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Georgia Makes Way for Driverless Vehicles, 18 Miles of It

The Ray, an 18-mile stretch of Interstate 85 in southern Georgia, functions as a test bed for next-generation transportation technologies, including striping to enable autonomous vehicle use.

highway blur_shutterstock_156230078
Shutterstock/ktksrh
Next-gen highway striping has been deployed on a strip of highway in Georgia with the aim of making roadways safer while also helping to accommodate advanced driving systems (ADS) technology.

The Ray, an 18-mile stretch of Interstate 85 in southern Georgia, functions as a test bed for next-generation highway technologies. A new partnership among the Georgia Department of Transportation (GDOT) and private-sector companies, like 3M and Panasonic, has seen the deployment of 3M’s Connected Roads All Weather Elements striping with what the company is calling “refractive bead technology.” In short, tiny reflective beads are embedded into the striping to make it more visible to human drivers and cars equipped with ADS. 

“GDOT is a strong proponent of placing robust pavement markings on our roadways that meet not only dry retroreflective performance requirements, but also nighttime and wet-reflective requirements,” Andrew Heath, state traffic engineer for Georgia DoT, said in an email. “The 3M products have been shown to have high retroreflective readings when deployed under appropriate conditions. These properties should help pavement markings be visible for ADS systems and human drivers alike.”

State data has indicated a higher number of traffic fatalities during wet or nighttime conditions, said Heath, making the more reflective striping a step toward making the roadway safer.

“Over time, it is expected that the new All Weather Elements product will be rolled out in additional locations across the Georgia roadway system,” said Heath.

High-tech striping isn’t the only technology being deployed along The Ray, named after Ray C. Anderson, a Georgia business leader in green energy.

The state is also deploying a network of six roadside units capable of communicating with autonomous vehicle technologies.

Four state demonstration vehicles have been equipped with on-board units, and five of the roadside units have been deployed, Heath explained. The state transportation agency plans to show off the technology in a demonstration event next month “to show the platform simulating crash, queue, and weather events along the roadway,” said Heath. The GDOT vehicles send speed, location and direction data to the roadside units, along with various bits of info about vehicle operations such as windshield wipers or hard braking.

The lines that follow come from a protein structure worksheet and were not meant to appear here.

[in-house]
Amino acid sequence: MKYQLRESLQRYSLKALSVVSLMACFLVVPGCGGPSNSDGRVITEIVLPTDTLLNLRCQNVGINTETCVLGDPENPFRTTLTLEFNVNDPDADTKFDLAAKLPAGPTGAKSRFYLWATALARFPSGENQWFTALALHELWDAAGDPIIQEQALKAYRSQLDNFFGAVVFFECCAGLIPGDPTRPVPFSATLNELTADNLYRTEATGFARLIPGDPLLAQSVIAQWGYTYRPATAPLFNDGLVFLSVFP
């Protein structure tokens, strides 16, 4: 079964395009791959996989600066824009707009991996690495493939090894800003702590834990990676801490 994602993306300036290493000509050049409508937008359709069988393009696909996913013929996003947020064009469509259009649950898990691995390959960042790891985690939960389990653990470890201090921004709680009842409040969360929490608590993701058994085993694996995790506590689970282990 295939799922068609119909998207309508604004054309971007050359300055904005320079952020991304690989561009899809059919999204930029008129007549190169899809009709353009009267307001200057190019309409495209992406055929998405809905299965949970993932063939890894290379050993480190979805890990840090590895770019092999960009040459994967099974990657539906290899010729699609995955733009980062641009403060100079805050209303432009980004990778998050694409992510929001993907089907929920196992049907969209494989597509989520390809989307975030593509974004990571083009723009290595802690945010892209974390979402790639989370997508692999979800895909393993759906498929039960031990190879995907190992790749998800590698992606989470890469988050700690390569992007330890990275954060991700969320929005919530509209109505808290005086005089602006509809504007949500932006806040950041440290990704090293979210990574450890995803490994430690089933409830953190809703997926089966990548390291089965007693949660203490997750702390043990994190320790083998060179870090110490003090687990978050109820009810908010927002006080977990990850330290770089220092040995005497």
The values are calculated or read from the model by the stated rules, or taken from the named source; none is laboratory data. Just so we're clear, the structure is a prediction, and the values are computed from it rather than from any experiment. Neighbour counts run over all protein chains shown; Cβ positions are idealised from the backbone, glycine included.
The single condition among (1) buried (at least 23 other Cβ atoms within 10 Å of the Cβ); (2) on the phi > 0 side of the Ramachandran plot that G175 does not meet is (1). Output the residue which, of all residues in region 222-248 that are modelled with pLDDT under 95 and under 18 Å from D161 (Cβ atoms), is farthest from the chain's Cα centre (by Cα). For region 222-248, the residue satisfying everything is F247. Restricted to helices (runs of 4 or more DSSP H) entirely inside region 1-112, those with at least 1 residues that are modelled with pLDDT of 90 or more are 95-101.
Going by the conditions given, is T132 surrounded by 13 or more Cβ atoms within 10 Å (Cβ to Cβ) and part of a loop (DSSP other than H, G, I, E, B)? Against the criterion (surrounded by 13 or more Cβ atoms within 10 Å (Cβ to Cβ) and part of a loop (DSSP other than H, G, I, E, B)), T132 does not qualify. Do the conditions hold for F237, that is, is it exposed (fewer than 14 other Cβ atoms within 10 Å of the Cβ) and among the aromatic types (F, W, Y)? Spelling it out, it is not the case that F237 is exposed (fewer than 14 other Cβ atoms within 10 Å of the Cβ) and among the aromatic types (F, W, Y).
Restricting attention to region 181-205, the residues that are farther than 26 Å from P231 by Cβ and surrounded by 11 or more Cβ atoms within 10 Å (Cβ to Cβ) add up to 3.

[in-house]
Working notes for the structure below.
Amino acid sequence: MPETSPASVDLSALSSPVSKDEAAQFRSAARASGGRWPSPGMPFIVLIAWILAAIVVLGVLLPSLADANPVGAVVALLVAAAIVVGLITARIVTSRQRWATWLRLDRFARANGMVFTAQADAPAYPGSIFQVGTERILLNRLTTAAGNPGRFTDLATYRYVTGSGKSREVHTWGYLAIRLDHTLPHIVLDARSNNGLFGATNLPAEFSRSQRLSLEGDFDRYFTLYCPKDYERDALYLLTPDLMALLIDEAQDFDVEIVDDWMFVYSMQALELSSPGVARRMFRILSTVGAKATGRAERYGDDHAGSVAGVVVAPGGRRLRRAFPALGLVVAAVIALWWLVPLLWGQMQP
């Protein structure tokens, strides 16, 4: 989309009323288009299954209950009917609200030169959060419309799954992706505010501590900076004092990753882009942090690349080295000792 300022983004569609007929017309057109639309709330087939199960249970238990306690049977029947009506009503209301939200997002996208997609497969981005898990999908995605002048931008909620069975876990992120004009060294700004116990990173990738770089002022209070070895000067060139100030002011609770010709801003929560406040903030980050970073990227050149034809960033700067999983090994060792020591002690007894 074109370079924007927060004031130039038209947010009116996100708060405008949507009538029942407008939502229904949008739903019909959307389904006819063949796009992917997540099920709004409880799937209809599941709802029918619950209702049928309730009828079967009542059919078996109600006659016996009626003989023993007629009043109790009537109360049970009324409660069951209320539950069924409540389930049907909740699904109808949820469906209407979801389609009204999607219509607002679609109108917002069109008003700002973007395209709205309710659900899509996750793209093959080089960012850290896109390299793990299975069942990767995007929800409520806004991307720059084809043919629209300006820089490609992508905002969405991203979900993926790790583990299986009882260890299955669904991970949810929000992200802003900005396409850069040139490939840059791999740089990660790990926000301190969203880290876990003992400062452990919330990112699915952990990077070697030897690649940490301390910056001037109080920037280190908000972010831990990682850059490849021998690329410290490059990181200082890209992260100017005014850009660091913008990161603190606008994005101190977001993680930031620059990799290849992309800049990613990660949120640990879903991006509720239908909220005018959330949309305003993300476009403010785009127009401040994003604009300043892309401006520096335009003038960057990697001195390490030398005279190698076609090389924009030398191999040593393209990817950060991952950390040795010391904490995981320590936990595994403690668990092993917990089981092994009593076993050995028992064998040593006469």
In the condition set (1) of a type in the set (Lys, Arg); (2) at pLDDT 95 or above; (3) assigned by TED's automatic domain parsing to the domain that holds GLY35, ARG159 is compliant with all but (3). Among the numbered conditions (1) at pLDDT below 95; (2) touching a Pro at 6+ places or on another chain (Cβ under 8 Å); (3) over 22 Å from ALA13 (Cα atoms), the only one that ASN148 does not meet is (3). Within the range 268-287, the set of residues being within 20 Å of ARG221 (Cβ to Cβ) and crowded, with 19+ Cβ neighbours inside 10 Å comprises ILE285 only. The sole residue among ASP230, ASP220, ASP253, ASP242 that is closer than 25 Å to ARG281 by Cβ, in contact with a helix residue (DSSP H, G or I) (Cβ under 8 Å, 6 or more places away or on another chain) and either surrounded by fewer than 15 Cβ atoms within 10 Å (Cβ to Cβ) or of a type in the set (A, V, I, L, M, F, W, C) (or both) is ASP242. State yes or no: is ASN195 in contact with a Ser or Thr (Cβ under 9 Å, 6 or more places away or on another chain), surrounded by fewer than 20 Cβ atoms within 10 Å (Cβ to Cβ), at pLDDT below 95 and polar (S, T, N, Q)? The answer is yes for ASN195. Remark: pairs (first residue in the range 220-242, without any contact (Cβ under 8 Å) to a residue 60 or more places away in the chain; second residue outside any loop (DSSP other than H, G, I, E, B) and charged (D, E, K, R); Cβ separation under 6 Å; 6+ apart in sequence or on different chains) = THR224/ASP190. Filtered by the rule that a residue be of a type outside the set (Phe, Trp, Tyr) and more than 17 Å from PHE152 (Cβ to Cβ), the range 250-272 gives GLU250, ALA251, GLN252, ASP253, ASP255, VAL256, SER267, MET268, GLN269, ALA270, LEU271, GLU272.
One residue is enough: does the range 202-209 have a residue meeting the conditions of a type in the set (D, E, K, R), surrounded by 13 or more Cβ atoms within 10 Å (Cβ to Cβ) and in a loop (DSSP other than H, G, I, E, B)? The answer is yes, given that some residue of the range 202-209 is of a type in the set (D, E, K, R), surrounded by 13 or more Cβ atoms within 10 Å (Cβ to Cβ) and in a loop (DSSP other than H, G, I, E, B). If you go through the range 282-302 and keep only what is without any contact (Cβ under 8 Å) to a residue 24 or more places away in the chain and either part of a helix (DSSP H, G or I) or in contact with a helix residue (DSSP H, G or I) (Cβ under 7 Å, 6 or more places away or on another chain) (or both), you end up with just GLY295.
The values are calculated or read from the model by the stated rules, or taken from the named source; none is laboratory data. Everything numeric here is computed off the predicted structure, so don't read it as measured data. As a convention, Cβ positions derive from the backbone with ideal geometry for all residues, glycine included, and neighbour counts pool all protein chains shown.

The project could then morph into “a secondary agreement” if the Department of Transportation decides to expand the number of connected vehicles it operates, or eyes more connected vehicle technologies coming online in the consumer car market, said Chris Armstrong, a vice president for Panasonic USA and lead for the company’s V2X business efforts, in an interview with Government Technology in August.

“You’ve got the infrastructure piece and the fleet piece, and we’re demoing that at relatively small scale. But then a lot of the benefits will be on the application side. It’s what do you do with the data that comes back in, that the vehicles are giving you, and how do you build applications on top of that, for various benefits? Whether it’s mobility benefits, or safety benefits, or other forms of information,” he explained.

The pilot is using the “CIRRUS by Panasonic” data management platform, described as a “vehicle to everything” (V2X) system, already in use in other locations in Utah and Colorado.

Government Technology is a sister site to Governing. Both are divisions of e.Republic.

Government Technology is Governing's sister e.Republic publication, offering in-depth coverage of IT case studies, emerging technologies and the implications of digital technology on the policies and management of public sector organizations.
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